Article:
In fact, after reviewing the problem, my conclusion was that this type of seg funds should never been offered as a registered investment for someone of Mr. Pfund age. Why did Manulife then created a product where the maturity date was passed the RRIF conversion date making the guarantee useless? I sought an answer to this question in Court hoping to send a message to insurers that they have a duty to design responsible products. The case was not allowed to proceed forward.
Later, the bank advisor thinking he was on top of things sent the request of transfer a few weeks ahead of time. Now the advisor thought it was obvious that they wanted the transfer at maturity but I never seen Manulife act so fast and the funds were transferred immediately at Fair Market Value and not at Guaranteed Value which was a lot higher. I had to fight to get this reverse even threatening the Director involved that I would personally sue Manulife even if I was an employee if this was not done (yes it may seems rash, but you have to understand that the Director had tried to blame me for this mess since I was now the servicing agent and implied that I should compensate the client personally for the difference between the Fair Market Value and Guaranteed Value. As they say patience only goes so far…)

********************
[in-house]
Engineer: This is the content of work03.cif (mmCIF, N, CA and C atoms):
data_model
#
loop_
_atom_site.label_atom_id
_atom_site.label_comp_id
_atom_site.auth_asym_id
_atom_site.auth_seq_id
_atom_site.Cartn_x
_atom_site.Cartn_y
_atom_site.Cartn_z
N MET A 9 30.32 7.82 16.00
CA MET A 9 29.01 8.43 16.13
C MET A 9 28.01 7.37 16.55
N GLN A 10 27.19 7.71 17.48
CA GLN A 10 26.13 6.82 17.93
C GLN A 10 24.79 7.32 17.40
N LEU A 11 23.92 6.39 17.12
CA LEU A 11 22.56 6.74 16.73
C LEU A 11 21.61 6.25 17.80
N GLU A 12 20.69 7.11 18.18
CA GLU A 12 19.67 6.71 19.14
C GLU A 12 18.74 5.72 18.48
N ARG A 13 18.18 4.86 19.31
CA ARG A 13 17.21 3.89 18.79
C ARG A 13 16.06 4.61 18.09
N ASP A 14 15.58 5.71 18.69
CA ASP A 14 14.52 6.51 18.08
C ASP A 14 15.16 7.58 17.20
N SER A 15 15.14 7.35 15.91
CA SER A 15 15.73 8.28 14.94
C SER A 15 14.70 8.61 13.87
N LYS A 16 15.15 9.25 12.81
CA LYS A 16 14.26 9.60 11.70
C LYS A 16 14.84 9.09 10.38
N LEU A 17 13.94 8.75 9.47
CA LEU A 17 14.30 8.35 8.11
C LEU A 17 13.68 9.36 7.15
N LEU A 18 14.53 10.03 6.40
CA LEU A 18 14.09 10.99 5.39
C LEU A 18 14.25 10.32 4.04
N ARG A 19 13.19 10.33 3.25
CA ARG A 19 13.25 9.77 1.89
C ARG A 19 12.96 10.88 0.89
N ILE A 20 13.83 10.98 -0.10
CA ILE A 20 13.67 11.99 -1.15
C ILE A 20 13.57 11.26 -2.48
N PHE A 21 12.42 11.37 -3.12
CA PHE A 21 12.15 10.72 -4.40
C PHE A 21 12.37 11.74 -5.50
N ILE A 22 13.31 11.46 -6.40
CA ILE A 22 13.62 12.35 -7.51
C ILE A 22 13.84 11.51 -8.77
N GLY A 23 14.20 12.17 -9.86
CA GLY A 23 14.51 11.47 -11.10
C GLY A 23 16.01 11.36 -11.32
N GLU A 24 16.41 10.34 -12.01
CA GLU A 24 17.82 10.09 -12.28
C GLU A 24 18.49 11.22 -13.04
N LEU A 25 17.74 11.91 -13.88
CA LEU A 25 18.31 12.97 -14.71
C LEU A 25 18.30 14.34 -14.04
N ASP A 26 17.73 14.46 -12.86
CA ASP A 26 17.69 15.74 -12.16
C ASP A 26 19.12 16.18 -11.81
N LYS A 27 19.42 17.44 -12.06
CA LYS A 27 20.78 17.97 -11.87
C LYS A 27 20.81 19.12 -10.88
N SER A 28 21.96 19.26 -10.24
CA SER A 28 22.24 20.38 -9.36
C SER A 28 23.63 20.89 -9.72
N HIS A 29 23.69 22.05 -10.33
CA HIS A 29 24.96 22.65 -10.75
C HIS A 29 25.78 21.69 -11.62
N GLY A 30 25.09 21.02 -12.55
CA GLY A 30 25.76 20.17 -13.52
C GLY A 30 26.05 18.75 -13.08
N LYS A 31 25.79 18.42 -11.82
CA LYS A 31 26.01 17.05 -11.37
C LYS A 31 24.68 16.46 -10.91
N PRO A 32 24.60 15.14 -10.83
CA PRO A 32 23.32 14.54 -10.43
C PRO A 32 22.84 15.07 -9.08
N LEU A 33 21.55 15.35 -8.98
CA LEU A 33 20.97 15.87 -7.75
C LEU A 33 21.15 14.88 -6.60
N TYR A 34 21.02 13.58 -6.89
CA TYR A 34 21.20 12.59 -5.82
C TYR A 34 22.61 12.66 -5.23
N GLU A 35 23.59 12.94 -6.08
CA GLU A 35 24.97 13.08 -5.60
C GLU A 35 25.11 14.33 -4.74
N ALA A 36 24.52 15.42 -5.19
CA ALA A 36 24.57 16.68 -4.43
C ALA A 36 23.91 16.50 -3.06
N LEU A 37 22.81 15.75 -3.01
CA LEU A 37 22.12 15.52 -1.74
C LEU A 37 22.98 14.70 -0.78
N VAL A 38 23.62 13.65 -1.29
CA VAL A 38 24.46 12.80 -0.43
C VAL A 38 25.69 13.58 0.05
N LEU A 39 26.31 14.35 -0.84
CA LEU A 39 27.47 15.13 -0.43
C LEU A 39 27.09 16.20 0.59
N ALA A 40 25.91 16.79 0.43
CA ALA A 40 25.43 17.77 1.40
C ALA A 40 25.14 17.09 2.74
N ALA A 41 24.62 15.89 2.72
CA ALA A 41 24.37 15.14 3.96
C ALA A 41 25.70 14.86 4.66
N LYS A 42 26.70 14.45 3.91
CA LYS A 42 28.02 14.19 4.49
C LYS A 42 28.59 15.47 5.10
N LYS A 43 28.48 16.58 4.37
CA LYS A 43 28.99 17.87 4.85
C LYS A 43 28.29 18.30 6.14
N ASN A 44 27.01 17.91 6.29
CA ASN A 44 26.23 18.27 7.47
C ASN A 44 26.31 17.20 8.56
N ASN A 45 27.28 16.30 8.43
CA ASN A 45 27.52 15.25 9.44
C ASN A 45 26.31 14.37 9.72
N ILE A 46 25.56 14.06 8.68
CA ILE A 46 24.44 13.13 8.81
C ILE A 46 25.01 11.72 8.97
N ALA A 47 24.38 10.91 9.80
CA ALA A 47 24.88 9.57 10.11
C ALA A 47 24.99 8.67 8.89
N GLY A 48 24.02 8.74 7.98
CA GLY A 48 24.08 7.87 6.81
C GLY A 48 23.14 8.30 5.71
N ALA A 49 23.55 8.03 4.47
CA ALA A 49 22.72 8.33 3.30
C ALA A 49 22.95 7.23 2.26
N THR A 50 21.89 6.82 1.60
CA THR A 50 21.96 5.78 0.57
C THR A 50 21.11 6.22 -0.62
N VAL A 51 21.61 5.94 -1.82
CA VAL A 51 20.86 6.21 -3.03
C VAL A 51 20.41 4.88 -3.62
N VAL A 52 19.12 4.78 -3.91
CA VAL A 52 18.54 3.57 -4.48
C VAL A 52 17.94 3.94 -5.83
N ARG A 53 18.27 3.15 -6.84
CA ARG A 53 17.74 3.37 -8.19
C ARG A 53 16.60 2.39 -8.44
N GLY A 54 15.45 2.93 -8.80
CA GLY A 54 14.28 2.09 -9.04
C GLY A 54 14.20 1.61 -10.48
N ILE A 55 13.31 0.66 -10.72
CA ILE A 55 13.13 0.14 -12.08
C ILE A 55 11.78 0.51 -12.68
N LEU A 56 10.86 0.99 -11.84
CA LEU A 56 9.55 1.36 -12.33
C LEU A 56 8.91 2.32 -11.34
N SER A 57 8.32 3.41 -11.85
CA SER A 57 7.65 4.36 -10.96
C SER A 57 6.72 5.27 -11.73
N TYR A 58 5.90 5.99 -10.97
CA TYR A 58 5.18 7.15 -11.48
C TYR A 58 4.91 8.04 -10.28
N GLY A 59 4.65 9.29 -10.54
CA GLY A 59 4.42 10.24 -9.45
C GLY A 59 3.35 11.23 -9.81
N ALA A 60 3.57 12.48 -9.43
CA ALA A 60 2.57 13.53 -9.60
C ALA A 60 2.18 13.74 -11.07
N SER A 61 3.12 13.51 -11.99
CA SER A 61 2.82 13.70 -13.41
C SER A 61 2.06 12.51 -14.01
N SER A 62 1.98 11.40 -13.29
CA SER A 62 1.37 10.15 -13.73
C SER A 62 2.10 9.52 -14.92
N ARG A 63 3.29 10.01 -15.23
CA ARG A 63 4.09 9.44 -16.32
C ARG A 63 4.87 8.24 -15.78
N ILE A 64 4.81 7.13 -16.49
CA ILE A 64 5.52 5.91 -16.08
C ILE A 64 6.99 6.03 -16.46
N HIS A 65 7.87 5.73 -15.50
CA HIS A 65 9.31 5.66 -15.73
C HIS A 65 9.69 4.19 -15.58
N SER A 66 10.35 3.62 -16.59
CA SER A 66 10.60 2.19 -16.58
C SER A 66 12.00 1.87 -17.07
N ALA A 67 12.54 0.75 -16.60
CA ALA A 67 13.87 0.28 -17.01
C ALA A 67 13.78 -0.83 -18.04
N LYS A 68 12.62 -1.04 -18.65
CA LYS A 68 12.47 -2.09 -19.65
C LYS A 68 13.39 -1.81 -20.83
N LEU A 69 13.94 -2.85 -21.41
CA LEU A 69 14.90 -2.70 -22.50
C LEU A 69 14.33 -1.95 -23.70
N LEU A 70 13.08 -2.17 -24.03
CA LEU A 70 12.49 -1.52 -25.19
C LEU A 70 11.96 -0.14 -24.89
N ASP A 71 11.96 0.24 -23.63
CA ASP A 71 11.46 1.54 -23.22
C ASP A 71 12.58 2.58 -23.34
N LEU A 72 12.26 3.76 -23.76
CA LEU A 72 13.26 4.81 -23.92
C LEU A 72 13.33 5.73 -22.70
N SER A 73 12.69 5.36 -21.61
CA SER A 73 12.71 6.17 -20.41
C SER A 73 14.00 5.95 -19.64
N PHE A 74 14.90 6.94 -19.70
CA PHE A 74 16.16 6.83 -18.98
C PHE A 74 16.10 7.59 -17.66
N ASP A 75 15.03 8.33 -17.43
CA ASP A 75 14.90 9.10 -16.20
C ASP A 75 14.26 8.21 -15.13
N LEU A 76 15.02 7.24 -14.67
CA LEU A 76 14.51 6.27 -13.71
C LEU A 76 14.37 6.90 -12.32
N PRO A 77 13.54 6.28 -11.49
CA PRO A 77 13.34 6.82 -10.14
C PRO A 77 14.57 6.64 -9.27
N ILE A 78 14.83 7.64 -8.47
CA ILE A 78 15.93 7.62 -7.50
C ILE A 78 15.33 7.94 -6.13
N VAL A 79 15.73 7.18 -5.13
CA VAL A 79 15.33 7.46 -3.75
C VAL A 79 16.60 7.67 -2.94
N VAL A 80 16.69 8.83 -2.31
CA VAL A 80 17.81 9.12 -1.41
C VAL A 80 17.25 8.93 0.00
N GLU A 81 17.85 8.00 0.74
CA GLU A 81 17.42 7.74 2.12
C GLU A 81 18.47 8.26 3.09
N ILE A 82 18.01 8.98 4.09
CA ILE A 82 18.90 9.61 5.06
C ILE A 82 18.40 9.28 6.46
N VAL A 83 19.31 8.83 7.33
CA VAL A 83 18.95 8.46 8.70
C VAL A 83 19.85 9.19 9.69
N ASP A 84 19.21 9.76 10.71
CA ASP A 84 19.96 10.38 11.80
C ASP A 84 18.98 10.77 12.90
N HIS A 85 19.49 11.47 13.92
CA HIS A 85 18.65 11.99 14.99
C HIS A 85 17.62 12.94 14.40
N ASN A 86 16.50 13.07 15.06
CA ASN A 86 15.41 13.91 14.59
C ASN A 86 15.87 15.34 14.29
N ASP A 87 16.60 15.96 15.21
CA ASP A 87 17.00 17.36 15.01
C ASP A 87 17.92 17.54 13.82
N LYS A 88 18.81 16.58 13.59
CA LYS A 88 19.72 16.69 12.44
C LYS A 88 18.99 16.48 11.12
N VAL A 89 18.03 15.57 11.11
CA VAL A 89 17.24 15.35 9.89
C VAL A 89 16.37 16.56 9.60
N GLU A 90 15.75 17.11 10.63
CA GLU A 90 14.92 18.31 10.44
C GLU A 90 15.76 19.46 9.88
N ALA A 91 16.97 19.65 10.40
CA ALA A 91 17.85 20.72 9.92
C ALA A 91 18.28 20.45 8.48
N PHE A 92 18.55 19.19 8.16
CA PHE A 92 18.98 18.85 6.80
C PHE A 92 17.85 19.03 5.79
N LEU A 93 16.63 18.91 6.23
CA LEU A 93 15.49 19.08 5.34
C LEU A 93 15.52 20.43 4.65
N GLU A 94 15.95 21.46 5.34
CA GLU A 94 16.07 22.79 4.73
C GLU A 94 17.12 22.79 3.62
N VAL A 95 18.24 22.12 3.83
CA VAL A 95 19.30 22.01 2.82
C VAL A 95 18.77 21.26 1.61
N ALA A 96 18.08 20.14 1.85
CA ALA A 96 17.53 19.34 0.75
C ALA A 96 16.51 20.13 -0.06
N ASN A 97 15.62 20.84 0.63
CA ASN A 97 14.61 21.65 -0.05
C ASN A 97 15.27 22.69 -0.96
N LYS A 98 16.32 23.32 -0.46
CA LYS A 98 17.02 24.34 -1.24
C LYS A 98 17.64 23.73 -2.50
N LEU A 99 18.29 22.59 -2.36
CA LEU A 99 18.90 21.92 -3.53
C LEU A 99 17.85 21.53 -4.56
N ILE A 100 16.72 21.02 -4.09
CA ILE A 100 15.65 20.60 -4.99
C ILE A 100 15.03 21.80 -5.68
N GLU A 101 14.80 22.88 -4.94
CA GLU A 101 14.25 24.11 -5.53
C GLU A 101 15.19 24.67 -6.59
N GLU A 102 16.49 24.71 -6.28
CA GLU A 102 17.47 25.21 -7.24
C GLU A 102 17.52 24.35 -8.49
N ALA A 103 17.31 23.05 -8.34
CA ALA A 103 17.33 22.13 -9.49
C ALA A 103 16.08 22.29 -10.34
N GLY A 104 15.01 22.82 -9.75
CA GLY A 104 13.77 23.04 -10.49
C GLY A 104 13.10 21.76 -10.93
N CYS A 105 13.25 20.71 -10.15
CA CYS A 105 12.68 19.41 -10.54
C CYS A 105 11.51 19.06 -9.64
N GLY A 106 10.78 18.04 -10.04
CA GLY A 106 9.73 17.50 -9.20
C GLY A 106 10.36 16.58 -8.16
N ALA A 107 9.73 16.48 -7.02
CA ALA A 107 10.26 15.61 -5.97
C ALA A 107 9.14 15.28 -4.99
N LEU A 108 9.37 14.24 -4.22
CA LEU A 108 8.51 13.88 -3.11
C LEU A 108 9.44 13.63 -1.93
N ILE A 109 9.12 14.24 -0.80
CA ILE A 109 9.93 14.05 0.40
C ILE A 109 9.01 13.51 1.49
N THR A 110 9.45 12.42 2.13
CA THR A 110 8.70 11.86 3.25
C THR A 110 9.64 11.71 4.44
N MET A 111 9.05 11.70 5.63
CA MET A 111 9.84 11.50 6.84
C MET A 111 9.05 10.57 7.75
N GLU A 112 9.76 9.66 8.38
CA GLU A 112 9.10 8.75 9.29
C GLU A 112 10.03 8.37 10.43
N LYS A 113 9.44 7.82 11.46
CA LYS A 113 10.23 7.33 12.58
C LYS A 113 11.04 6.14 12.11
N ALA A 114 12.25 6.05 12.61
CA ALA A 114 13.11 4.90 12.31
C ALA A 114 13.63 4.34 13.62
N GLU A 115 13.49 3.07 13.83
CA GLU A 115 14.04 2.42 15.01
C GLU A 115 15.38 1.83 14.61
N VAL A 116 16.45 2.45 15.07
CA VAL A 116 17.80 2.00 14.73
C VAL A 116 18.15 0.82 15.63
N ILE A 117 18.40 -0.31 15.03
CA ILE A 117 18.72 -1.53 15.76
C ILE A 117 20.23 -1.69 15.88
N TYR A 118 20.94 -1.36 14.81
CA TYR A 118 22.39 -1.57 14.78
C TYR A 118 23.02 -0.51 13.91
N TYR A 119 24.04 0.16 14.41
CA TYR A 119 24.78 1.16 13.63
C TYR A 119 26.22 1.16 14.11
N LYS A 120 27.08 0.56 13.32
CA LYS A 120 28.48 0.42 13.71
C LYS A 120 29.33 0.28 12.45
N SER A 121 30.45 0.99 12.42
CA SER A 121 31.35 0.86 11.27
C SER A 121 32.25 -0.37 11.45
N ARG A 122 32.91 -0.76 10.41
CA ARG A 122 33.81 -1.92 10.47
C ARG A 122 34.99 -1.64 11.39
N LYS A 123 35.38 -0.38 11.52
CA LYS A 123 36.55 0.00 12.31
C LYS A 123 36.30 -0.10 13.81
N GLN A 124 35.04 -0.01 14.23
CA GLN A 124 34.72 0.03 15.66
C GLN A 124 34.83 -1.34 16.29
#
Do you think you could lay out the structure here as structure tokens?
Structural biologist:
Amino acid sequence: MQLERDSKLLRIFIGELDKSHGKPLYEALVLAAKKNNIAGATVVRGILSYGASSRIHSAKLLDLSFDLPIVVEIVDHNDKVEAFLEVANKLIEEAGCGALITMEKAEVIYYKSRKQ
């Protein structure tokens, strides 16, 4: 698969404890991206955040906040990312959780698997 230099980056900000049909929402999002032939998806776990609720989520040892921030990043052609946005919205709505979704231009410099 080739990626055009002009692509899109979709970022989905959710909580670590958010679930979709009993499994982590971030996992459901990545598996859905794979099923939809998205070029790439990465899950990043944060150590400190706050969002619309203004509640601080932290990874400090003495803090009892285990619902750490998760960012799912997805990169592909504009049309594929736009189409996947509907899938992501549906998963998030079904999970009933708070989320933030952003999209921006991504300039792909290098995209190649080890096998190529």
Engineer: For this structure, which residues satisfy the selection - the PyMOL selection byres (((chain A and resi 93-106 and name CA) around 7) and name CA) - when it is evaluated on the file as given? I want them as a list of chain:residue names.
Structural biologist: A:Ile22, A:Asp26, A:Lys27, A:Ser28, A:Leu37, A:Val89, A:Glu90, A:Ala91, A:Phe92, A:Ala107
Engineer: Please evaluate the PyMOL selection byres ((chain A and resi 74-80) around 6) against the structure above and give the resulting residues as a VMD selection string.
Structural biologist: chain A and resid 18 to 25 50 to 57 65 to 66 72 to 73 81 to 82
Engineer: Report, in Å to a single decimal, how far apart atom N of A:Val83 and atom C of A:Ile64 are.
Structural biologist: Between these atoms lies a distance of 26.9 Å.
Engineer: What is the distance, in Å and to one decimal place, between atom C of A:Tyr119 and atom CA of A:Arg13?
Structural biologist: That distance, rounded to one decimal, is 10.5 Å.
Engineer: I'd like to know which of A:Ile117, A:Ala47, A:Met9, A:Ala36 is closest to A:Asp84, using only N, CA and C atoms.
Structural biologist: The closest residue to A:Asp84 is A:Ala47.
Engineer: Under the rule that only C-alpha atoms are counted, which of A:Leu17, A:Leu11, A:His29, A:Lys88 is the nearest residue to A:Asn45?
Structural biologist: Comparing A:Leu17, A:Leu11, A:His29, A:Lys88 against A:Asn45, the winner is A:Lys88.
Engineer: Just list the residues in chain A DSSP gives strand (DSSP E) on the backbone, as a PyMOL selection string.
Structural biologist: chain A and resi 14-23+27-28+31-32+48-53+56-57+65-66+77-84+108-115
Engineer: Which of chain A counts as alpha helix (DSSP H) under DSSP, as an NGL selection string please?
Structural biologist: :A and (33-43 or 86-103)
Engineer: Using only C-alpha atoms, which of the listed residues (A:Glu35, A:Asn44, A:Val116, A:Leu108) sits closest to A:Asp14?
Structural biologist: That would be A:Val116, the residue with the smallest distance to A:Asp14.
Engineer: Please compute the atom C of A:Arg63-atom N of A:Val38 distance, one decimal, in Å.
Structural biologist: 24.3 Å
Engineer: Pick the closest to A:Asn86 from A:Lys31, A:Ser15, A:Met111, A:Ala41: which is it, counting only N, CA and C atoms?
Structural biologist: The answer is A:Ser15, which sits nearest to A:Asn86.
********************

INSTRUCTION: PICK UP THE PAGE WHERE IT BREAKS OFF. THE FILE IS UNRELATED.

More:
Again I used this example to show how easy it is to transfer seg funds even if they are in the money with their guarantees since there is no disclosure at all. The client here was going to lose tens of thousands of dollars because the transfer had been sent 2 weeks early and Manulife felt it had no duty to inform the client that the transfer had been sent early or even inform me, the servicing agent, that a transfer had been received… I think some standards are needed…but the regulators ignored my suggestions.